Tell me what you think of a movie plot that goes like this [note: if you plan to see V For Vendetta, I’m going to give away some things in this post]: Set in “Great Britain” (wink, wink), around the year 2020, only one person has enough guts to fight back against totalitarianism. This person is an idealistic hero who wears a Guy Fawkes mask, and is very successful at avenging the wrong that has been done to him and to his country. The totalitarian government is completely fascist and corrupt (perhaps that’s redundant) and run by “Christians” whose cross-bearing banners are emblazoned with the motto “Strength through Unity, Unity through Faith”; the High Chancellor bears a “striking” resemblance in rhetoric and symbolism to Adolf Hitler. (His chief henchman bears a “striking” resemblance to Karl Rove. One refrain in the movie is that there are no coincidences.) Anyway, the oppressed people are homosexuals, those who have copies of the Koran, and those who “dare” to speak against the government–and everyone else is complicit because they didn’t speak up when the government began to take their rights away. In the nick of time, the hero appears and blows up Parliament–well, actually, Natalie Portman pulls the lever, because Guy Fawkes gave his life in the cause of freedom–by means of a train-full of explosives, while “hundreds of thousands” of people watch in Guy Fawkes masks (including some who had died previously). Isn’t that sweet?
And I thought I would be seeing a Guy (no pun intended) In A Mask fighting Evil. As one reviewer put it, “The only thing I wanted to blow up after seeing it was the marketing department that made it look so cool and exciting. Can I get an R for Refund?”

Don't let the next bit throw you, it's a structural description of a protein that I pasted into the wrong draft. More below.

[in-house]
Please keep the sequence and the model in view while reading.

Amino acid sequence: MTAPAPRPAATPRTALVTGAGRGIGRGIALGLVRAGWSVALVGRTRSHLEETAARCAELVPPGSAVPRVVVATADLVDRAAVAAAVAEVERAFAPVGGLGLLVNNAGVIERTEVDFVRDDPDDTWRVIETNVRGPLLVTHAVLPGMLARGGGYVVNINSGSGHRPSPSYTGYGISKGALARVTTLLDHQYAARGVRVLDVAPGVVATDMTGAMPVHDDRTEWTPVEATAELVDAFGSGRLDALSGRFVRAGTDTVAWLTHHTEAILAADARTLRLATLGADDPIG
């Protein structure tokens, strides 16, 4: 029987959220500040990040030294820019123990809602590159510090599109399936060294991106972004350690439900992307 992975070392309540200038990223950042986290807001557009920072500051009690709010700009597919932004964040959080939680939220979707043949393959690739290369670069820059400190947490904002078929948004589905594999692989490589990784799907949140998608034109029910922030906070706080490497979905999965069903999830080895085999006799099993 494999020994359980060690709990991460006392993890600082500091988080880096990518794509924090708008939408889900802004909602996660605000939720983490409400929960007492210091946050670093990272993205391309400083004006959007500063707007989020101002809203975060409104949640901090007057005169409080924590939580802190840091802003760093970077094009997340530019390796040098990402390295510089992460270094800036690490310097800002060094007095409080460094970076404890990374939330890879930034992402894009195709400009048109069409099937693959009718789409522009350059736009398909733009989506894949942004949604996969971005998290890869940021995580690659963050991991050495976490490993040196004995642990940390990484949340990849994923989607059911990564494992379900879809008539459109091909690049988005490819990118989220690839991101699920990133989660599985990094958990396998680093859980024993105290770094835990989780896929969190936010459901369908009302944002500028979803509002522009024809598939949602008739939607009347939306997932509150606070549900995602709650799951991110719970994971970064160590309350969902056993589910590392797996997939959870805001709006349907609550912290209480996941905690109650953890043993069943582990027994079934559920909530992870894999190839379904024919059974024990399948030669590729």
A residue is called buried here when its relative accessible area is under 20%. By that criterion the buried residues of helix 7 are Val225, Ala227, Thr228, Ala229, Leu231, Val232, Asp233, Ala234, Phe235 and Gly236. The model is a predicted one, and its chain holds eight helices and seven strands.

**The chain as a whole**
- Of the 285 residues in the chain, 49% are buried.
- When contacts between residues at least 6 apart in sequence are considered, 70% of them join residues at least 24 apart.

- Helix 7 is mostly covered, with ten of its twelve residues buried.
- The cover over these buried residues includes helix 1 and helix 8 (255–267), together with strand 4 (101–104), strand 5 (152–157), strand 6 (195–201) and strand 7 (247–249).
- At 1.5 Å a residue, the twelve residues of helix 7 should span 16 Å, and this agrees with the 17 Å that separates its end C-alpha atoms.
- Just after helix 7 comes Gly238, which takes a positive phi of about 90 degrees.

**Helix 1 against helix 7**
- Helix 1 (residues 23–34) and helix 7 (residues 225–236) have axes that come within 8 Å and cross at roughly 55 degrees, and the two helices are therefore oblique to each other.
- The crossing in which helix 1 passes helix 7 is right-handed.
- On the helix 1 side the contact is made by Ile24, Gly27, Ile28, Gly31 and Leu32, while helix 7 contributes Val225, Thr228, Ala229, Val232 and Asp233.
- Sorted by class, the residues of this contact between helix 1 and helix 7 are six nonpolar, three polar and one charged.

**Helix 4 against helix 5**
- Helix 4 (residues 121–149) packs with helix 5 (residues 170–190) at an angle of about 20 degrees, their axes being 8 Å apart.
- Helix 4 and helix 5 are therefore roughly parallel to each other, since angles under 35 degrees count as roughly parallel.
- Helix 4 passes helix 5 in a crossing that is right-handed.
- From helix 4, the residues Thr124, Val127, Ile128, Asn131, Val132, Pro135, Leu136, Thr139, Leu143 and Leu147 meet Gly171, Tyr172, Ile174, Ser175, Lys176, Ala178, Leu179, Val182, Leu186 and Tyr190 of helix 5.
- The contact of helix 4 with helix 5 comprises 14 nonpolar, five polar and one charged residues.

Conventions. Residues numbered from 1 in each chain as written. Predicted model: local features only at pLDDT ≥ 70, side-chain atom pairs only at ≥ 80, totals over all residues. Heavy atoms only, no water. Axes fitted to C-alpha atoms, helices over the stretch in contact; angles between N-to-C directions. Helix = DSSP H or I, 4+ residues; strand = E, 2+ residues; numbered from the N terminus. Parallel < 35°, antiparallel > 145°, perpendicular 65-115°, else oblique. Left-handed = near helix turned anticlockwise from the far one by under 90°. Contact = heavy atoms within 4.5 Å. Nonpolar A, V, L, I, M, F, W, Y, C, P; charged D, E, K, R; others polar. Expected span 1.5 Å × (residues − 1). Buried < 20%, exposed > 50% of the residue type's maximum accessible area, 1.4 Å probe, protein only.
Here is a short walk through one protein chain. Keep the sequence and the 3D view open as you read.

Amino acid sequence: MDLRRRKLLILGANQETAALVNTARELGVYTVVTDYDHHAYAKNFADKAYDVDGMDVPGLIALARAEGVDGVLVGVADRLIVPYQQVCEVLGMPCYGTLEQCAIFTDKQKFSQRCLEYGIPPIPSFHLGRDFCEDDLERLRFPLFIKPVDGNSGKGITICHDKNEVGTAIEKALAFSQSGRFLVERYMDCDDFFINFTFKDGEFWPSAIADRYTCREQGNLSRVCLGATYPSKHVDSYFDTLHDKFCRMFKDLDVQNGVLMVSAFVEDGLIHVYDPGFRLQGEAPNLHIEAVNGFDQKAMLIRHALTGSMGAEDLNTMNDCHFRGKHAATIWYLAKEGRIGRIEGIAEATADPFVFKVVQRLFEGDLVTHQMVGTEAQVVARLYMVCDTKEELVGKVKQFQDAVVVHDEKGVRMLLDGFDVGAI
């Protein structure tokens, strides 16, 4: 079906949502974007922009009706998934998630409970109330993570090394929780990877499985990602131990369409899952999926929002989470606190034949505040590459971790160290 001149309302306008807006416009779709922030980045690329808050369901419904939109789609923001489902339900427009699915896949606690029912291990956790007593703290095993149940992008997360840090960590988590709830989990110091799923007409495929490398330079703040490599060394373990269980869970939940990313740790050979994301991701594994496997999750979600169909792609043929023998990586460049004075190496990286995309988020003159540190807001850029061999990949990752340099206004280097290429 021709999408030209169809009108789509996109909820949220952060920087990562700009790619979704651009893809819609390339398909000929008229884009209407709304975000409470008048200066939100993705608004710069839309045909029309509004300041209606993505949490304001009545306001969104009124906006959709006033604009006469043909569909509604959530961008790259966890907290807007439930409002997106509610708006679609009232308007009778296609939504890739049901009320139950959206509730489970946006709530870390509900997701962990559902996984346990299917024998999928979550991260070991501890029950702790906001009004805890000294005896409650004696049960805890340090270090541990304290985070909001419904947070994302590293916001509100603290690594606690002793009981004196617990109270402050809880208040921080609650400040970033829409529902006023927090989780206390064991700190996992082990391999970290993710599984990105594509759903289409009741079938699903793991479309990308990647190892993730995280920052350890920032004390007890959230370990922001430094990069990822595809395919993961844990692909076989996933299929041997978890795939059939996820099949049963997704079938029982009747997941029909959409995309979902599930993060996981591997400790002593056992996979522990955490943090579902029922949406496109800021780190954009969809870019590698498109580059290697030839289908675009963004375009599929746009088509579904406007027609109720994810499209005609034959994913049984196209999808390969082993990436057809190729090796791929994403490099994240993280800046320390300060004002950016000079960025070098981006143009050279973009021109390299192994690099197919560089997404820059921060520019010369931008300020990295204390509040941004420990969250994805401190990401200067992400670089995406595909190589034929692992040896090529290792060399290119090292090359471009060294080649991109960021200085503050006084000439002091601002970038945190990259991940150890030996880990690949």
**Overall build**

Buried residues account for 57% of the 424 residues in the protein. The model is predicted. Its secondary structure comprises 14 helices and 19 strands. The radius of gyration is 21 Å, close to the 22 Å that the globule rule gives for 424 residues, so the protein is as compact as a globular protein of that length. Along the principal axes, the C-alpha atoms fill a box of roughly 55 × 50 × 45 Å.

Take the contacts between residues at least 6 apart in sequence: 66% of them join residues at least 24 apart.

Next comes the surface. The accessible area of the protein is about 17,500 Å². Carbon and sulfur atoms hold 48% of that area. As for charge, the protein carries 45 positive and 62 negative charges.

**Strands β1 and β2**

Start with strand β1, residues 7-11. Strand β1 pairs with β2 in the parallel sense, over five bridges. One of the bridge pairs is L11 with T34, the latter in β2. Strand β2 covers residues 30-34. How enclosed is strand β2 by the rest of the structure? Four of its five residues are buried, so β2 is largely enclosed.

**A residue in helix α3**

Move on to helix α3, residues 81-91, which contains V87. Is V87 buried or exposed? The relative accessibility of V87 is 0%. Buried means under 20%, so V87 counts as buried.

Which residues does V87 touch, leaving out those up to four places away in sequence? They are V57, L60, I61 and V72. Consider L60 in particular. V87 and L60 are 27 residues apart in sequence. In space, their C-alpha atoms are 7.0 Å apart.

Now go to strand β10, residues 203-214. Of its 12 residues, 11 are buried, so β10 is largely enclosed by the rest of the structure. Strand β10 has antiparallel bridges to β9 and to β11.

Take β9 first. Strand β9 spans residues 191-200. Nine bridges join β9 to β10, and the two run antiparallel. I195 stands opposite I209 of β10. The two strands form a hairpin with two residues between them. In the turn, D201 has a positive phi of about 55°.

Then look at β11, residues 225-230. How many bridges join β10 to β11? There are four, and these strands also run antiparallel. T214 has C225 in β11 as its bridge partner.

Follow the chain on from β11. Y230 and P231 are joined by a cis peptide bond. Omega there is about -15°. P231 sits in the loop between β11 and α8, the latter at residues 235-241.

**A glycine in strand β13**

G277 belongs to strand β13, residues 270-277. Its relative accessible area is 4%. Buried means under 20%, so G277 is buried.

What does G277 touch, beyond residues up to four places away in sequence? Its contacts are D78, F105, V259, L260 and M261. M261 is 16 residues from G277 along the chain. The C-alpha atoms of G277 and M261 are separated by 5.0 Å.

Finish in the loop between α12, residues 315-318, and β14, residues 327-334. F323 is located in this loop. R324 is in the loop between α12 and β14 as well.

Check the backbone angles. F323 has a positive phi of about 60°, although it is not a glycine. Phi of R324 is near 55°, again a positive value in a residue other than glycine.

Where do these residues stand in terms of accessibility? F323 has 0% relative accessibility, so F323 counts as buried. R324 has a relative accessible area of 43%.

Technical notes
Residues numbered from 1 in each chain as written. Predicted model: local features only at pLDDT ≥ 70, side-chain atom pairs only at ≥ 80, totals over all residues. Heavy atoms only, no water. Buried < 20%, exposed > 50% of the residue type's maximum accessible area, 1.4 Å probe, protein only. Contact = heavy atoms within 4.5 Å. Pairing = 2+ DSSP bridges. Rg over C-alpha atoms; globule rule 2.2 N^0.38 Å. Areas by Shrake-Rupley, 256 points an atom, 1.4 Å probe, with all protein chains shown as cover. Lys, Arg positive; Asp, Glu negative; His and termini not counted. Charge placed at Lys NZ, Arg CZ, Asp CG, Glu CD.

Actually, this was essentially a cinematic Special K commercial: “Oh, you want cool fight scenes? Well, you’re gonna need 10 bowls of V For Vendetta to equal one serving of The Matrix.” “Anarchy-is-cool revolution? You’re gonna need 25 bowls of V For Vendetta to equal one serving of Fight Club.”
I don’t know about you, but I don’t like being manipulated. If you’re going to propagandize me, at least make me sympathize with the heroes of the movie first, without your agenda being so transparent that anything I might have liked about the movie is ruined halfway through. But hey, if you like being force-fed every left-wing complaint by bulldozer, by all means, see this movie!
(A friend with whom I saw the movie said that his only expectation was gratuitous violence. However much you might disagree with the sentiment, let me tell you, there wasn’t nearly enough cool violence to make up for the ham-fisted delivery. The coolest fight scene was at the end; by then, I was ready to leave.)
The allusions to what the left-wing thinks of the Bush administration are so obvious, no microscope is needed. Did anyone else notice that during one of Natalie Portman’s voice-overs, she says something about “400 years later” after Guy Fawkes? Hmm, “1605” plus “400”… Wait, I thought this was 2020…? Ohhh…